Nothing wrong with shunning mormons if an exmo doesn't mind being cut off from family and former friends. If the exmo hopes to stay in the loop and eventually be respected by these TBMs, it isn't a good idea to totally shun them. Of course it's very possible that leaving a cult might mean losing associations or harming them beyond repair.
We each need to decide if it's worth it to try to keep up interaction or not. I've given up relatives who aren't worth the trouble and pain. I'd rather not deal with their cat and mouse games and just make my own way.
One mormon childhood friend resurfaced and we communicate occasionally after many years of being out of touch. She is nicer and than my relatives and isn't a bit pushy about religion. That's refreshing.
If mormonism is the most important thing in their lives, so important that they give upwards of 20 hours a week and 20% of their money to it and pay for their children to tell others around the world that their belief system is wrong...
but they don't try to find out why you've "left"?
Isn't then the mormon church much more important to them than their own relationship with you?
By definition haven't we just become "acquaintances" as someone on this board has pointed out?
We have all heard "they can leave the church but they can't leave it alone." Why can't they/we leave it alone and why do we shun and why do we take to the internet to inform everyone about their secreted history? For me the answer is "blow-back."
All the shunning they do and have done in the past, all the women they forced into polygamy, all the trusting spouses who have been betrayed by their significant other so the other could prove obedient to leaders, all the slit throats carried out under Brigham Young and other early leaders commands and all the deceitful hiding of much of the true history is the cause of the blow-back.
When their spiritual rock-star leaders stand at their pulpits and declare that the church doesn't apologize for anything they insure the blow-back will continue for as long as they continue in their falsehoods and arrogance.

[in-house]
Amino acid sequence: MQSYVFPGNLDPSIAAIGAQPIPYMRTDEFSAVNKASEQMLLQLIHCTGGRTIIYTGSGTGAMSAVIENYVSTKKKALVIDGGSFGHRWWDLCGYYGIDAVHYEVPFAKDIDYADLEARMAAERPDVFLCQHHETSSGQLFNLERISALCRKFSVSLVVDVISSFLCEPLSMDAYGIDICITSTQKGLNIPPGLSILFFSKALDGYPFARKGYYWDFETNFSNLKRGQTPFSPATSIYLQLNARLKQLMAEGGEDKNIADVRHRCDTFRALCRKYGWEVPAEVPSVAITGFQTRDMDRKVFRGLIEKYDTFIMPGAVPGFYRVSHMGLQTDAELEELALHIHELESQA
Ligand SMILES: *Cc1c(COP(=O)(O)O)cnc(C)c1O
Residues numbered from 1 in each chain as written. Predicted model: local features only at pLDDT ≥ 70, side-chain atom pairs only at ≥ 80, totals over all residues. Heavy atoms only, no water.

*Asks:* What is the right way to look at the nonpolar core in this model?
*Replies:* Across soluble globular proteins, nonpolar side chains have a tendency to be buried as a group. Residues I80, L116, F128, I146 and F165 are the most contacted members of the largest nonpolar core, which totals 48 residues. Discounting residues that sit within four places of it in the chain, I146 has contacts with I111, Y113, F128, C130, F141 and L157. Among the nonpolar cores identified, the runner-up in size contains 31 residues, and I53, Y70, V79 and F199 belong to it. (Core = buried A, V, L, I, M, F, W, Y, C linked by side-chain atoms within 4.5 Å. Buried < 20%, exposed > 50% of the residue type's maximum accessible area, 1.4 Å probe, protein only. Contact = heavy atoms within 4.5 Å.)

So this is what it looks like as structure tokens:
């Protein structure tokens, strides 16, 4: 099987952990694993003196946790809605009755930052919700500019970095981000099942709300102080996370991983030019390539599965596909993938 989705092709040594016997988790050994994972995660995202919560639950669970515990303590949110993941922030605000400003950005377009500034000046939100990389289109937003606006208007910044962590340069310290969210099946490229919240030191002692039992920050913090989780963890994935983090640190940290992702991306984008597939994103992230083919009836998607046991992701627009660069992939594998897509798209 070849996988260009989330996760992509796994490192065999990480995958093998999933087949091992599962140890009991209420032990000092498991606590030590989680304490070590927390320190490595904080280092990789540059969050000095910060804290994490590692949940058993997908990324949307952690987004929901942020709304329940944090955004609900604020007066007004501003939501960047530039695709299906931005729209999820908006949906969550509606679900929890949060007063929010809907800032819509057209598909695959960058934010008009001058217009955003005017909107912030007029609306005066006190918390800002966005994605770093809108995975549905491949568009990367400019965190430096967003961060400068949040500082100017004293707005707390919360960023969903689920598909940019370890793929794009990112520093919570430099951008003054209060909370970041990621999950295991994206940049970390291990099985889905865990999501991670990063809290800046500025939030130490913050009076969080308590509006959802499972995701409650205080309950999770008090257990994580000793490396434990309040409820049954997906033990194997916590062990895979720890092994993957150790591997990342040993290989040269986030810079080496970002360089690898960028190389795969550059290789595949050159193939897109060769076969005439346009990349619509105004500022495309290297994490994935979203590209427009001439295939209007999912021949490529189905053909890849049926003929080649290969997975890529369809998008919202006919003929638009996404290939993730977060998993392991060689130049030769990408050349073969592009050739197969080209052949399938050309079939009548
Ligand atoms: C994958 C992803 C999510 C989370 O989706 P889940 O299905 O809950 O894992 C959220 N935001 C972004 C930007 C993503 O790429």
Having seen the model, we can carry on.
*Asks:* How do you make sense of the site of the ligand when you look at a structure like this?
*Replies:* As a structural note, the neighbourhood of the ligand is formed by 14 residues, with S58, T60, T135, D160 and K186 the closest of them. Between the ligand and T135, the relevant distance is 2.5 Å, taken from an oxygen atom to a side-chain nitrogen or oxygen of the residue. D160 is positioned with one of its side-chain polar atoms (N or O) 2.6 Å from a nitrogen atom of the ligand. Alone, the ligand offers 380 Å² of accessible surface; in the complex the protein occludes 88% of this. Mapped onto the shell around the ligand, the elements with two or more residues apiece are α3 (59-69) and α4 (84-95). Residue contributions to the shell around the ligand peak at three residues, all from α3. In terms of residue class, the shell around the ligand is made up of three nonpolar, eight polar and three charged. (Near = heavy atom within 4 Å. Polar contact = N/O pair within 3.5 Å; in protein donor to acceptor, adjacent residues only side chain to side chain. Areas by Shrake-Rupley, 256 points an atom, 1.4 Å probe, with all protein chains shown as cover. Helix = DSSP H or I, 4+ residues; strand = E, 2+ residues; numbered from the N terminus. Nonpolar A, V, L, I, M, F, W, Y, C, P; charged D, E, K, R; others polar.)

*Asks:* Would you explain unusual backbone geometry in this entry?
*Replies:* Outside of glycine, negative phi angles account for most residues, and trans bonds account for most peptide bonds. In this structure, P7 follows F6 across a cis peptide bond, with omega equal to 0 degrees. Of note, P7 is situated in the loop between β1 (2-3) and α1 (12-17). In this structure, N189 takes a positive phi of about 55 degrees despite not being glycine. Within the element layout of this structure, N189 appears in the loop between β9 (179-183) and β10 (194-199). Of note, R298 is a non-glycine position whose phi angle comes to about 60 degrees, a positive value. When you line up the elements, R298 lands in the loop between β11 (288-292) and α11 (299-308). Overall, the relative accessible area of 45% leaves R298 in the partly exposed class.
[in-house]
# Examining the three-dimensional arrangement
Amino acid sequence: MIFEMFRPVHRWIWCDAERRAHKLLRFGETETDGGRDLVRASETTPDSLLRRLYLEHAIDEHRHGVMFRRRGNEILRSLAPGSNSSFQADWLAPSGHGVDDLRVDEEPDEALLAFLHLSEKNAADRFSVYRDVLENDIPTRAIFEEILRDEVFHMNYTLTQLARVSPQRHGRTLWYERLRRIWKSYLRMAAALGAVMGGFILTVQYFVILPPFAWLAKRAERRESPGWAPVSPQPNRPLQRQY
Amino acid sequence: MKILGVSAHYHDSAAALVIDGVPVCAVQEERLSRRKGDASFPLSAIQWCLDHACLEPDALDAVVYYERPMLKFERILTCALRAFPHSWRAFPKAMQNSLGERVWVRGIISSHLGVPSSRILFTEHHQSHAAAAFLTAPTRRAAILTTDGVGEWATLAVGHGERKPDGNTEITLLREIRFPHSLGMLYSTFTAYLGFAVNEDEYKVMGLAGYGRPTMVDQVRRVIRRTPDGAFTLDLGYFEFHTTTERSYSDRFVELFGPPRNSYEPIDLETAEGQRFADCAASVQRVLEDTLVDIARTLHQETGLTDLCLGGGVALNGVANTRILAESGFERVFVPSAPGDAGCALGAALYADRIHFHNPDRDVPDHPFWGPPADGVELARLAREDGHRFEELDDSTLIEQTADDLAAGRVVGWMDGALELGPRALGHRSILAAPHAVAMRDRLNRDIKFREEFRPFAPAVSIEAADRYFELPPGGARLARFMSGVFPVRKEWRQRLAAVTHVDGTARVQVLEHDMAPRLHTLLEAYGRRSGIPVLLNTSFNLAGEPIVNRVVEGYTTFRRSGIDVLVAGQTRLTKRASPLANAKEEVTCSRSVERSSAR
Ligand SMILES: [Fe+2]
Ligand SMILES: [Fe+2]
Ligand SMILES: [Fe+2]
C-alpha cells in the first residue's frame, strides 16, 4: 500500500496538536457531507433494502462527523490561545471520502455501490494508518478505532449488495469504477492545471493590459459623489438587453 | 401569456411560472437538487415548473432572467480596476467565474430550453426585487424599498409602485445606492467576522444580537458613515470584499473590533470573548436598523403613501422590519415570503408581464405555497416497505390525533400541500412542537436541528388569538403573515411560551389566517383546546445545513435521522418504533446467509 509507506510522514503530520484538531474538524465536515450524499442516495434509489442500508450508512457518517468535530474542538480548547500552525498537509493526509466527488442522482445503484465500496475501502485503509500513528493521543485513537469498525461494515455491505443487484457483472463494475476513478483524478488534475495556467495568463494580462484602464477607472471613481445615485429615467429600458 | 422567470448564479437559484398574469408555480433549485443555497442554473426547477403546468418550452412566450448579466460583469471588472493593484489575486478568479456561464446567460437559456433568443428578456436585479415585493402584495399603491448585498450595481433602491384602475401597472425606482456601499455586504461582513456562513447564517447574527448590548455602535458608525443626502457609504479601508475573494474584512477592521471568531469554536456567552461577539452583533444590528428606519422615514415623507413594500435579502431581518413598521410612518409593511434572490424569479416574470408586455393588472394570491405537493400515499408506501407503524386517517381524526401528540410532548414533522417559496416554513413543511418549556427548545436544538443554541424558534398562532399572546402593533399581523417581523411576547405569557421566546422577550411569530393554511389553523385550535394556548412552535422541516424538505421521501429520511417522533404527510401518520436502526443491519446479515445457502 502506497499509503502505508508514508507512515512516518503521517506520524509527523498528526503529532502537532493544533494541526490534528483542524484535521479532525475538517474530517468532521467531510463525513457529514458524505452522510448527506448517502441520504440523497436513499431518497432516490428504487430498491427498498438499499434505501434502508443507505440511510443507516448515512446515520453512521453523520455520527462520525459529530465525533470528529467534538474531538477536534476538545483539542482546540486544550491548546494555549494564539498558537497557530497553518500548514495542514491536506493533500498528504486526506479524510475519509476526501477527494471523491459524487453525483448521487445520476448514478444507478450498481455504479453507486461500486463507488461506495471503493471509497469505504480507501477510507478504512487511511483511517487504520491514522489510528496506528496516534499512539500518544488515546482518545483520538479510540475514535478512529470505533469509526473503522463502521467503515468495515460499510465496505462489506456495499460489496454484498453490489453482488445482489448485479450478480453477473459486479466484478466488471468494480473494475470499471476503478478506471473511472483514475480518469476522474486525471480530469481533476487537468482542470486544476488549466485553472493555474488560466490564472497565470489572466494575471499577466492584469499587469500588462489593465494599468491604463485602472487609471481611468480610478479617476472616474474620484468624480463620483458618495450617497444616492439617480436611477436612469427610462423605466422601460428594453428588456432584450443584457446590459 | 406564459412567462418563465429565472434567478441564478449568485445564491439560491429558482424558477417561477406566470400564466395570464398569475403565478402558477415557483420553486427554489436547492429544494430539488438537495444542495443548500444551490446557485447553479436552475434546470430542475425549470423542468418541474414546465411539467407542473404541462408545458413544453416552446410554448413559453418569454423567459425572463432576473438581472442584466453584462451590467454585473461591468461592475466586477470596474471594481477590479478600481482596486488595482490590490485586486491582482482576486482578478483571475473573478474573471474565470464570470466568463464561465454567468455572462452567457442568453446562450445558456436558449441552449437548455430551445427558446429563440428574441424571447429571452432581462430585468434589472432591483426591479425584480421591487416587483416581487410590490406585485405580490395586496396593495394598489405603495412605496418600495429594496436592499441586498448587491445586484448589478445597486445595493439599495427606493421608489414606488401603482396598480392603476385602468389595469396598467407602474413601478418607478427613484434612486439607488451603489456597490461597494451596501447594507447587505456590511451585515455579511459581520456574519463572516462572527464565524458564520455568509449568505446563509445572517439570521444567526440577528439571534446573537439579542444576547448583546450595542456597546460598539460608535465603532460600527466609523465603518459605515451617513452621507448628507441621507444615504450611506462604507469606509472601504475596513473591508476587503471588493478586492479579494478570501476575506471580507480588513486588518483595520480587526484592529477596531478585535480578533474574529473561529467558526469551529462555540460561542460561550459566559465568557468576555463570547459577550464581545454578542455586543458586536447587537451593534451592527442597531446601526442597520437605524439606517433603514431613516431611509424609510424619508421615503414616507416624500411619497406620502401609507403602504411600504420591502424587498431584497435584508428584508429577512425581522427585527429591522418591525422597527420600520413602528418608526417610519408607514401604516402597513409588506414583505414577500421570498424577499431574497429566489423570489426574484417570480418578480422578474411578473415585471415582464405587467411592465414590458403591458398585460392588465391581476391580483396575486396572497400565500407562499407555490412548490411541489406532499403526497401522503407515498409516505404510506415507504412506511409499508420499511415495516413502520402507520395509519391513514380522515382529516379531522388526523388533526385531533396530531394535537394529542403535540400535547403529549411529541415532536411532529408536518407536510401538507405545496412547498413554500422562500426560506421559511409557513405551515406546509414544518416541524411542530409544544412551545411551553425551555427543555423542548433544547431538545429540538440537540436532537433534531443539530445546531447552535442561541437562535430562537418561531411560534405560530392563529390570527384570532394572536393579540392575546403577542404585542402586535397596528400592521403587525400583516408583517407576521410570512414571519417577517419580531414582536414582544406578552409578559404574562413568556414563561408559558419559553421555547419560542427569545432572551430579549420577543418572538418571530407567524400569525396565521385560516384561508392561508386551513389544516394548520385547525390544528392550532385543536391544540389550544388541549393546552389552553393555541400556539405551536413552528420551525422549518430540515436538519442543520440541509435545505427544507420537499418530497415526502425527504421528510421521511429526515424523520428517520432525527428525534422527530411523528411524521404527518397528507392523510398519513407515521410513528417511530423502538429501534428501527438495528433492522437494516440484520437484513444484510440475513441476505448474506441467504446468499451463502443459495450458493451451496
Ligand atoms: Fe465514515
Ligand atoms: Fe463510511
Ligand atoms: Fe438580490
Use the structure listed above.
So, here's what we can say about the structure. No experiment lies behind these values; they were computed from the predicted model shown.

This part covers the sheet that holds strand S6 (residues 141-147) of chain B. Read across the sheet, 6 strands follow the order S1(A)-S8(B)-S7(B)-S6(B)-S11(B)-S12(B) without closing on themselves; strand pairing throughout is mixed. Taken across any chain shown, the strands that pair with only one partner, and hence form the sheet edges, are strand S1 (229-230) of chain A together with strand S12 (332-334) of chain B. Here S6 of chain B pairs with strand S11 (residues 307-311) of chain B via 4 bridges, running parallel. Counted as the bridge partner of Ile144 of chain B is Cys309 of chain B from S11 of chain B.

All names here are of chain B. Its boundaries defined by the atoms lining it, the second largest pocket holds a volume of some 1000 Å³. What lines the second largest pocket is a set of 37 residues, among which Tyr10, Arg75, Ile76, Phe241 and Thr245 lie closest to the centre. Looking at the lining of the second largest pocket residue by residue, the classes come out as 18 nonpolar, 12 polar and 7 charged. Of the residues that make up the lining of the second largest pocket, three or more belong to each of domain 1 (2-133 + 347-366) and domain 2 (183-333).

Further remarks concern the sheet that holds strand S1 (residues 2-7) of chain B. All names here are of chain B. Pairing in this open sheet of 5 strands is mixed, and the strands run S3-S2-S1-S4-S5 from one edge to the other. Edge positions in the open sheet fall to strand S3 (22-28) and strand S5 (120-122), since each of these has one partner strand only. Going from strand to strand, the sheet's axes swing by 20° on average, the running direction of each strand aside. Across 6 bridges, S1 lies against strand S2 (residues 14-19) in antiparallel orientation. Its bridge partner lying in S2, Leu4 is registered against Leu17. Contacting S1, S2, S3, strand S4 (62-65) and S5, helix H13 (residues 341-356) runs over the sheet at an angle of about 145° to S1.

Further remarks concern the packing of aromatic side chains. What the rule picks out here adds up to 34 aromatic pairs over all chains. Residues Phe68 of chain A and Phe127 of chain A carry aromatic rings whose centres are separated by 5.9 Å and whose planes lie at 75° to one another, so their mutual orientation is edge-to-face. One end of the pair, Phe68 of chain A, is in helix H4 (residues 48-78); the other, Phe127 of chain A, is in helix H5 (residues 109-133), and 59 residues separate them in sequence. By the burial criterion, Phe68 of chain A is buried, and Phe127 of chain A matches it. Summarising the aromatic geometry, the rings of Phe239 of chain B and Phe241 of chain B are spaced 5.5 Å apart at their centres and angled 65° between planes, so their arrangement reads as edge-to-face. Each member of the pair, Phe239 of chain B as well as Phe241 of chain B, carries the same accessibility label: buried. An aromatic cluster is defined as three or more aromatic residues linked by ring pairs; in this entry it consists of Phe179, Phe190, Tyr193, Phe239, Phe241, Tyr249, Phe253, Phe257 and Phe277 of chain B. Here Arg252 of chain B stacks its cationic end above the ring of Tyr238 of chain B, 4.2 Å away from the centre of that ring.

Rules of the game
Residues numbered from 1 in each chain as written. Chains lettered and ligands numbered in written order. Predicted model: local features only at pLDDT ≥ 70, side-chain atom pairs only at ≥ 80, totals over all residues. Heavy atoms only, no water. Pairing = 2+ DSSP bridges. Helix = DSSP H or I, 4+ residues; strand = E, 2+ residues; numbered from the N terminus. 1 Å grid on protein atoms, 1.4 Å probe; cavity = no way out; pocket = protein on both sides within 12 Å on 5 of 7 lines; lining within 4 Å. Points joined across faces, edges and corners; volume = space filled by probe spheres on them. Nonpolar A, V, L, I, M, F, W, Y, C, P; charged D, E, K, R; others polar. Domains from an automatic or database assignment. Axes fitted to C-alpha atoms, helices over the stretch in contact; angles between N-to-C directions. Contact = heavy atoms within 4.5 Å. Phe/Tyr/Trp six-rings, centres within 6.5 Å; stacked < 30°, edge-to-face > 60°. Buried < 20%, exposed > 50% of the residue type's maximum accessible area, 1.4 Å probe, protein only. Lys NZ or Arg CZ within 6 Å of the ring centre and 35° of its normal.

Healthy response. Shunning. If you are allergic to peanuts, you just don't eat them and stay away from even products made on the same equipment.
I can commiserate with you. I avoid family but do the duty visits with elderly parents. Beyond that, there is nothing there. Our relationship is empty and boring. I am allergic to small minded, arrogant/ignorant behavior and thinking, so I have no choice but to shun.
Mine know better than to let me see what they really think of me, though I know. I do what I can for my elderly parents, but it feels so good to be away from Mormons. They are such a heavy lift and I am too tired to even try anymore. Job interviews are more fun and less intrusive.
I don't expect to see my family at all once my parents are gone. Oddly, that is a nice feeling. Very freeing.
The best thing to do is NOT shunning, but showing how much happier you are outside the morg. If you remain friendly, they will eventually not only stop shunning, but will start to listen. Someone once told me that sugar attractst more ants than vinegar. If you cut ties, you will be unlikely to be in the position to help others learn the truth.
Edited 1 time(s). Last edit at 02/26/2018 08:29PM by rhgc.
I am assuming that many will shake their faith on their own. It is important that they have friends who have already traveled the road and can show that they are whole and happy. My objective is not to stir up antagonisms but improve lives.